The Satisfaction of “DIY”

A confession: I’ve never been very mechanically-minded. I have always admired my father, who can build, repair, modify, or tear down just about anything with a motor. Still can, even at 80 years old. I however, was not blessed with the same skill set. Any abilities I’ve acquired have come by learning from him, teaching myself, and much trial and error (emphasis on error).

Yet I’ve come to enjoy wrenching on motorcycles in recent years, learning their inner workings and what makes them tick, or how to trace down issues and repair them when they cease to tick. Maybe it’s just my (middle) age, and the intrigue of stepping into new territory, out of my comfort zone and into the mechanical world of my father. But I’m enjoying this. Busted knuckles, greasy fingernails and all, my evenings are occasionally spent tinkering on bikes in my garage, not just riding them. A little self-psychoanalysis has revealed a few reasons I’m digging this so much.

Challenge of the Task

Back in 2012, I obtained a 1999 Triumph Sprint ST and 1996 Kawasaki Vulcan 1500 from a guy in town, neither of which had run in some years. Upon closer inspection I surmised, “I think I can fix these and get them running for next to nothing, with a little help from Pop.” So with the two steeds soon in my shed, I set to learning each bike from their manuals, and taking them apart with the assistance of my pappy. After new batteries and plugs, some strategically placed contact cleaner, and some carb/injector cleaner, the Triumph was growling like a British bulldog, and the old Vulcan drew a buyer as soon as we got it running. The whole experience was at first kind of daunting, when I first surveyed these non-running bikes sitting in my basement, wondering, “What have I gotten myself into?” Soon the challenge overcame the trepidation, and I’ve since fixed/flipped about 20 bikes over the past several years.

Getting Intimate

Granted, that may sound a bit weird, but I’ve come to realize that the appreciation of my motorcycles is enhanced when I’ve spent time, effort, and resources wrenching on them. Even if it’s only changing my own oil/filter, plugs, air cleaner, etc., I feel more connected to the bikes, more in tune with each, when I’ve spent time “under the tank” with them. Another bike of mine is a 1998 Yamaha Royal Star Tour Classic that I’ve owned for about 18 years. I’ve ridden all over the US of A on her, and handled much of the basic service myself, as the years have gone by. I’ve come to know her sounds, smells, vibrations, strengths, quirks, not only by riding, but also by diving in and getting my hands dirty with her. This all actually reminds me a lot of my relationship with my wife…but I better not go there (wink).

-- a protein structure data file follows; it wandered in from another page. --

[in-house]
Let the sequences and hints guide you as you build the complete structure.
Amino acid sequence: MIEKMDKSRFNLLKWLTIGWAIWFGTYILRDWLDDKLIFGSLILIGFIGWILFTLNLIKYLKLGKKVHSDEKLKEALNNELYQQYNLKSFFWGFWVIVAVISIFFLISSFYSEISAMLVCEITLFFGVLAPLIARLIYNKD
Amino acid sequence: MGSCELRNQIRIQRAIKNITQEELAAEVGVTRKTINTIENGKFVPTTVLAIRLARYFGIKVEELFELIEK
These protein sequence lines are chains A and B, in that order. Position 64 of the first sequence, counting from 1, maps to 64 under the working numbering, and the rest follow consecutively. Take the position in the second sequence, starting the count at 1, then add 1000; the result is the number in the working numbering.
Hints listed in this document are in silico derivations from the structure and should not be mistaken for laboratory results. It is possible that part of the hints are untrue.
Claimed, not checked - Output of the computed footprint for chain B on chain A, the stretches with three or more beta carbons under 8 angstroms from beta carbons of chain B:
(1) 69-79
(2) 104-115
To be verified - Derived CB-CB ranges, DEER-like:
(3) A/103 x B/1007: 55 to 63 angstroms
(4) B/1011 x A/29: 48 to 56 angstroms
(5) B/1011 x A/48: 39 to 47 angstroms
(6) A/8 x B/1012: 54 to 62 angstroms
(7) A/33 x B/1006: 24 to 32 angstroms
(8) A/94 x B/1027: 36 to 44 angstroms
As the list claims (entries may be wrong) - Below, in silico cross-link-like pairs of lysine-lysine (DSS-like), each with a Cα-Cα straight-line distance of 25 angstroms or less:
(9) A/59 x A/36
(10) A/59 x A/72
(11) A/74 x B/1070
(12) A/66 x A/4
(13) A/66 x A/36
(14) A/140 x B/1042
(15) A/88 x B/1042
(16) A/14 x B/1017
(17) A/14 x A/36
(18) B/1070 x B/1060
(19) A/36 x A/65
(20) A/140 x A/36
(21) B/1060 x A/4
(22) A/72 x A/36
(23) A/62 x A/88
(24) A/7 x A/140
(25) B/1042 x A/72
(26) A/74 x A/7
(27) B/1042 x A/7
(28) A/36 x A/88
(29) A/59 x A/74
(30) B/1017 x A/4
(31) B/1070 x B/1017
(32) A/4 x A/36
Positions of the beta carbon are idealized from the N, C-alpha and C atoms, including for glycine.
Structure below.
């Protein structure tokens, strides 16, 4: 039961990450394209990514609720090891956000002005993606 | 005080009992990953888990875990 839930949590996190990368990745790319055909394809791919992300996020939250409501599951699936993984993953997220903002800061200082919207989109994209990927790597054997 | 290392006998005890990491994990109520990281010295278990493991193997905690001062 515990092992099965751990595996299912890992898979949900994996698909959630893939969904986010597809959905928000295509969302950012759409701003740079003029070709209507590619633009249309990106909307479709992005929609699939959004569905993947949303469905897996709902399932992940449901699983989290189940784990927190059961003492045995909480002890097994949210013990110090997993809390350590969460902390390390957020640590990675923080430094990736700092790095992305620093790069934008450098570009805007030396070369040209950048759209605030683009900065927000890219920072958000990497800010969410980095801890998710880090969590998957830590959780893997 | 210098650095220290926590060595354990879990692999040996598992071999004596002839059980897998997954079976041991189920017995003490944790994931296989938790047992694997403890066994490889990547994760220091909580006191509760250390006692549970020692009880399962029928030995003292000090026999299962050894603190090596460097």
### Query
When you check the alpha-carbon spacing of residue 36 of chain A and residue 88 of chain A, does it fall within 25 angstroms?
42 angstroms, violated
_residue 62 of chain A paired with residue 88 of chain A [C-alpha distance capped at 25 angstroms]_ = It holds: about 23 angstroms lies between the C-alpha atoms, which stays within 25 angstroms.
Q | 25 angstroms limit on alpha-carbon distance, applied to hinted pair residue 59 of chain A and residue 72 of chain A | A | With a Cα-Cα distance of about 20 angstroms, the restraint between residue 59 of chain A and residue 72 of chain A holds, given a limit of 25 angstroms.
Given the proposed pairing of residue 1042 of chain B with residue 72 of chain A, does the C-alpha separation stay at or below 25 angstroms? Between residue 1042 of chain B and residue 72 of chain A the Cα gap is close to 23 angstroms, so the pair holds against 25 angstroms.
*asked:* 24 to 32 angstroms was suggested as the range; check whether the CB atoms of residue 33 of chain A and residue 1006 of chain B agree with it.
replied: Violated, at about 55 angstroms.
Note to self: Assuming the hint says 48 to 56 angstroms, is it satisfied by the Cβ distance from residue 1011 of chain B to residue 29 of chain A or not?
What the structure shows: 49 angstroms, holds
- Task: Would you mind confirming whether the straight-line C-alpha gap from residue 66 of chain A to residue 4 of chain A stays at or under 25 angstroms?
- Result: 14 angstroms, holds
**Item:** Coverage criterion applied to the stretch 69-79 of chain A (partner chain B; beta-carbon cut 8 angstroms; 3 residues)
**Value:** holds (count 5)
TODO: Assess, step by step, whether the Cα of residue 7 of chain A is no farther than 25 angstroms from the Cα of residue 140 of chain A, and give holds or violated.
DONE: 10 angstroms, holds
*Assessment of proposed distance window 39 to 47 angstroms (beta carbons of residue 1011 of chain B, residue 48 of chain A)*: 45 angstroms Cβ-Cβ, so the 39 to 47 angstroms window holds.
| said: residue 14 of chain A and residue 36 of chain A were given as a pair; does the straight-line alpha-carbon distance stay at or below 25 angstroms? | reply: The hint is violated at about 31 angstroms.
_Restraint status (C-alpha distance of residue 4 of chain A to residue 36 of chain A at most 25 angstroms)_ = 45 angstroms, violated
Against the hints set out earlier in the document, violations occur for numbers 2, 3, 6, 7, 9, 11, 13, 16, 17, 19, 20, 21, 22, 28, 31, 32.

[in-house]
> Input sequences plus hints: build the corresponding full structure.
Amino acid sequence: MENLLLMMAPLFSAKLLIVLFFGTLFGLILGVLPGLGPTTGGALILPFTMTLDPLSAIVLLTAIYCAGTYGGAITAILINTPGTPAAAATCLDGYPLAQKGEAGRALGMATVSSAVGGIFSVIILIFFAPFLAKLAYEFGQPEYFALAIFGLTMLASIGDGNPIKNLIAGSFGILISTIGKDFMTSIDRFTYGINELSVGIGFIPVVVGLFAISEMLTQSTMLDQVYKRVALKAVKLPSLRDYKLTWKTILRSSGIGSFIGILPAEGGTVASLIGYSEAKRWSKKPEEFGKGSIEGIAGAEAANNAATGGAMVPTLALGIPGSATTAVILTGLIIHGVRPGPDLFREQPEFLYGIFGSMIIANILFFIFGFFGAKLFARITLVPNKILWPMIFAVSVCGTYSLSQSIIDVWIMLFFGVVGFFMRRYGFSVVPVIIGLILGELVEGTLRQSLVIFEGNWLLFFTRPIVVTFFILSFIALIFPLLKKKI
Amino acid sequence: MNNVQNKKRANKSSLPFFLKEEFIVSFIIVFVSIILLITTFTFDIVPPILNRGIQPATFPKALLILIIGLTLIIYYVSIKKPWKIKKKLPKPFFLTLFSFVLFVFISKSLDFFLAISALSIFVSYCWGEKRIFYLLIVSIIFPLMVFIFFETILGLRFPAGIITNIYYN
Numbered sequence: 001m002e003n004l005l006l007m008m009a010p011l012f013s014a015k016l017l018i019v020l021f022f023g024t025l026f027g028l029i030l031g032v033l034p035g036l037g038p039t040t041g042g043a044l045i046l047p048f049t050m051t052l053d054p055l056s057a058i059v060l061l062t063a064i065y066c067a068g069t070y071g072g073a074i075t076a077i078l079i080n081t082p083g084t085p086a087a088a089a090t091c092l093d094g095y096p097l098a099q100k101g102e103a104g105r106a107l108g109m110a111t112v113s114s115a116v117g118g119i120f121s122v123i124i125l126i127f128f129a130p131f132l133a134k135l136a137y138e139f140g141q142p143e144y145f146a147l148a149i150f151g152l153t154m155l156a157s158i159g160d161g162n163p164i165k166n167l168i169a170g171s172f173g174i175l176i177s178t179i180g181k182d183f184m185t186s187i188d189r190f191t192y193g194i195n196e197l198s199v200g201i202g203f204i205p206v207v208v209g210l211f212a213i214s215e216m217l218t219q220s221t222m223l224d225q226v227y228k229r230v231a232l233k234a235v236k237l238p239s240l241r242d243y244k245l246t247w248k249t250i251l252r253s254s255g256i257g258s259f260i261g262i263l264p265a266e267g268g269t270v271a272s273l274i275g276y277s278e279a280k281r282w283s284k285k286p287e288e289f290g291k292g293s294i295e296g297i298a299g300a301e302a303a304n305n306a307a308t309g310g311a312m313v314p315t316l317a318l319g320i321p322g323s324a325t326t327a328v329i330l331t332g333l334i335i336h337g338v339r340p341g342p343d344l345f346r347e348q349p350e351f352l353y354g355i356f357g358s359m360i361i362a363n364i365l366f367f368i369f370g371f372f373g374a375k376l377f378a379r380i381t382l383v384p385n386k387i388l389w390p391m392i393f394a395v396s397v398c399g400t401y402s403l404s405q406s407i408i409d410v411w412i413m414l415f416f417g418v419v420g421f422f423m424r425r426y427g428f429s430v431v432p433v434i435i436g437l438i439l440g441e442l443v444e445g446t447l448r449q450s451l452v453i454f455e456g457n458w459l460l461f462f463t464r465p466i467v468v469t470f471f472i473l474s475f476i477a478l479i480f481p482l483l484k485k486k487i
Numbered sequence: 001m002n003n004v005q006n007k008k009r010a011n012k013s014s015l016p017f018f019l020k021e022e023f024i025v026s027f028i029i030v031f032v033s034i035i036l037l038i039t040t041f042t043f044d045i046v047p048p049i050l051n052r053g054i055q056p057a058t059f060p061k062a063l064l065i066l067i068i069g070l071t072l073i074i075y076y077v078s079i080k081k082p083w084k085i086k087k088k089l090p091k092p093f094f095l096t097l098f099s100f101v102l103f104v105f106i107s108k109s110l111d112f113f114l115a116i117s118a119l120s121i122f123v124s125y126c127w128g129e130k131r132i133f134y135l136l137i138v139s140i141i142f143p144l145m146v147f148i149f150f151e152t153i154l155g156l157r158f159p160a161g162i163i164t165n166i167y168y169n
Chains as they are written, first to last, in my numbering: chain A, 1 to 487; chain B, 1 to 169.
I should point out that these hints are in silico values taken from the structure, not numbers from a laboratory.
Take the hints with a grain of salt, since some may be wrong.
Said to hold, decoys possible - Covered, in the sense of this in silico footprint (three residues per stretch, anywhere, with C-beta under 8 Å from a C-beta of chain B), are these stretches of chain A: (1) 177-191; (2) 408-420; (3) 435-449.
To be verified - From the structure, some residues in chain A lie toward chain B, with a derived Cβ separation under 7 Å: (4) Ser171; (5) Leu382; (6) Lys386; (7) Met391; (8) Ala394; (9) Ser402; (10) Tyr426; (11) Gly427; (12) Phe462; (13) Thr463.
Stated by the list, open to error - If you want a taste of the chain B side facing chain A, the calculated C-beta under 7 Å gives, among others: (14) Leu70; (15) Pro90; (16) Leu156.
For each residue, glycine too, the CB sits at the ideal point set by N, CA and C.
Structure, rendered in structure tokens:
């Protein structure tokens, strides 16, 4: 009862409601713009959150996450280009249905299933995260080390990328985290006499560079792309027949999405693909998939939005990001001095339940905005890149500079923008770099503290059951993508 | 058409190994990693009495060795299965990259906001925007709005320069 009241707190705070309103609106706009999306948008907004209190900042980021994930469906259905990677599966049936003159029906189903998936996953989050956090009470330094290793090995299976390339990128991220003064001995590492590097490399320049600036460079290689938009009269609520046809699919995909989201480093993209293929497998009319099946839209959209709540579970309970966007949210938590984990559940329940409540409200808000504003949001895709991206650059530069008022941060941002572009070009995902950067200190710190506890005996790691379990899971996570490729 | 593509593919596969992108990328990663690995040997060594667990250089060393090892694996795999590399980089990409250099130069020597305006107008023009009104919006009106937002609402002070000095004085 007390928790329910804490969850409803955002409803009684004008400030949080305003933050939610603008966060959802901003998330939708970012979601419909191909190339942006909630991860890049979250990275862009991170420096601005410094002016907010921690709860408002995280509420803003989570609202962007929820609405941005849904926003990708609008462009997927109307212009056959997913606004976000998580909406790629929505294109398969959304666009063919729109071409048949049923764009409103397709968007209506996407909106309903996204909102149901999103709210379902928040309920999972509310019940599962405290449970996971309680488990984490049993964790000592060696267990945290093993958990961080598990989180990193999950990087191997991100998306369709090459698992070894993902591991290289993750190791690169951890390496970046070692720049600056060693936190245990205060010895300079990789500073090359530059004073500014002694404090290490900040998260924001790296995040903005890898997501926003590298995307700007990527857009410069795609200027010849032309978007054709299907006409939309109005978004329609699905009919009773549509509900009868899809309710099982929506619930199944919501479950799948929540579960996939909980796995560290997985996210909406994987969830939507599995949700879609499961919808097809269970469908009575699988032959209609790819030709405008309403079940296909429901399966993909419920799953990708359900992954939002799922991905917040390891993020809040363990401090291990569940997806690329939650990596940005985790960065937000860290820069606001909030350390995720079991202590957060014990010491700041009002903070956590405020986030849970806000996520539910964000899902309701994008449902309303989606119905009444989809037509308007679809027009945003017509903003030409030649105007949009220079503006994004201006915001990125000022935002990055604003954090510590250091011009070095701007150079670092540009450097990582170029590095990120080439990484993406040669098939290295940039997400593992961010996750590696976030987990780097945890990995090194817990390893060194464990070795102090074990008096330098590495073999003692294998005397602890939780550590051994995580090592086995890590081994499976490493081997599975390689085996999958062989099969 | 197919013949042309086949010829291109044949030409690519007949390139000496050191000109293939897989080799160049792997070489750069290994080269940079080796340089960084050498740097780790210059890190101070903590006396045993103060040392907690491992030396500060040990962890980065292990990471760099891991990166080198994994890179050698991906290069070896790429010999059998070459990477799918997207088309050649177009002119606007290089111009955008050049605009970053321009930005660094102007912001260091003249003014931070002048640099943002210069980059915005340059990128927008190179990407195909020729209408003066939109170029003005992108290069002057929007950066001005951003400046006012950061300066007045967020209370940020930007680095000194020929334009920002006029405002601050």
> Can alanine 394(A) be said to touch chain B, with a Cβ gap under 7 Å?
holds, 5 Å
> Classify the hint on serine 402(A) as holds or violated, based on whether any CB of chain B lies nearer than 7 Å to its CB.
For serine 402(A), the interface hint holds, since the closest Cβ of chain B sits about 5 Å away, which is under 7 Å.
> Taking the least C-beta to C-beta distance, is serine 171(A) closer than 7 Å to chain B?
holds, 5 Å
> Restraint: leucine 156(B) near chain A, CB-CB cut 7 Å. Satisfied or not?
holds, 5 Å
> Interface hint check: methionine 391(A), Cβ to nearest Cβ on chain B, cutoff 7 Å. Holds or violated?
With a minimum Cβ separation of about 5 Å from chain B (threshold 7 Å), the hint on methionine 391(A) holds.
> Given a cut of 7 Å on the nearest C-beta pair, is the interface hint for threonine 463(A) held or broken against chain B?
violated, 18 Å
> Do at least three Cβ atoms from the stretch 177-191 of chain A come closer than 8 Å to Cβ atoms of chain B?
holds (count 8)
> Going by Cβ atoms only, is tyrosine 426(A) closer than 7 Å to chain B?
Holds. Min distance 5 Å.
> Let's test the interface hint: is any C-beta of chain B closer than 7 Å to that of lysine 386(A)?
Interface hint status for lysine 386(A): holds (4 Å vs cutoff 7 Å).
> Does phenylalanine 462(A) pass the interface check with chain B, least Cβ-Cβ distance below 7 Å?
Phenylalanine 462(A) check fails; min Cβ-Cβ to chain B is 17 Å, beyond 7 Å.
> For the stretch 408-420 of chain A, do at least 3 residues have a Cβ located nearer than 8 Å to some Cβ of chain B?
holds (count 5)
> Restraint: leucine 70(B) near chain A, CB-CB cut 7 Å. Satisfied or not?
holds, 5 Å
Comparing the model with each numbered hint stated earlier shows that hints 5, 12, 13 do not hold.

Penny Pinching

There was a time that whenever my bike(s) needed maintenance or repairs, I paid a local dealership or bike shop to do all the work, much to the chagrin of my dad, who often offered to help work on them with me, and my wife, who never appreciated the invoices. Plinking down $300 for a front/rear brake job, or $400 for a carb overhaul, even $100 for an oil/filter change, got ridiculous. I decided to listen to the wisdom of my father, and the threats of my wife, and learn how to do some things for myself on my two-wheelers. The quid I’ve saved over the years has been phenomenal, especially in some tight economic times. Besides, I’ve been able to turn some of the cash saved back into the bikes, in the way of improvements, accessories, riding gear, or road trips. Priceless.

Satisfaction of a Job Well Done

There is nothing like the feeling of stepping back after completing some work on your bike, and admiring your handiwork. The first time I ever installed a set of aftermarket slip-on pipes was on a 1993 Suzuki VS800 Intruder some years ago. With the help of a friend, we fitted them in properly, retuned the fuel/air mixture some, then fired it up. The roar that bike gave as it sprang to life with those pipes was thrilling for me. And I did that- with a little help from a riding bro. Huge sense of accomplishment.

I’m certainly nowhere near as skilled as my gear-head old man, and I’ll never be a certified motorcycle mechanic. Not trying to be. But I can do some basics, I’m learning more with each project, and enjoying the whole adventure.

Now, back to that chain and sprocket swap!


*Article first penned for my friends at Born To Ride.

1 Comment

  1. David

    Wrench, ride, repeat!


Submit a Comment

Your email address will not be published. Required fields are marked *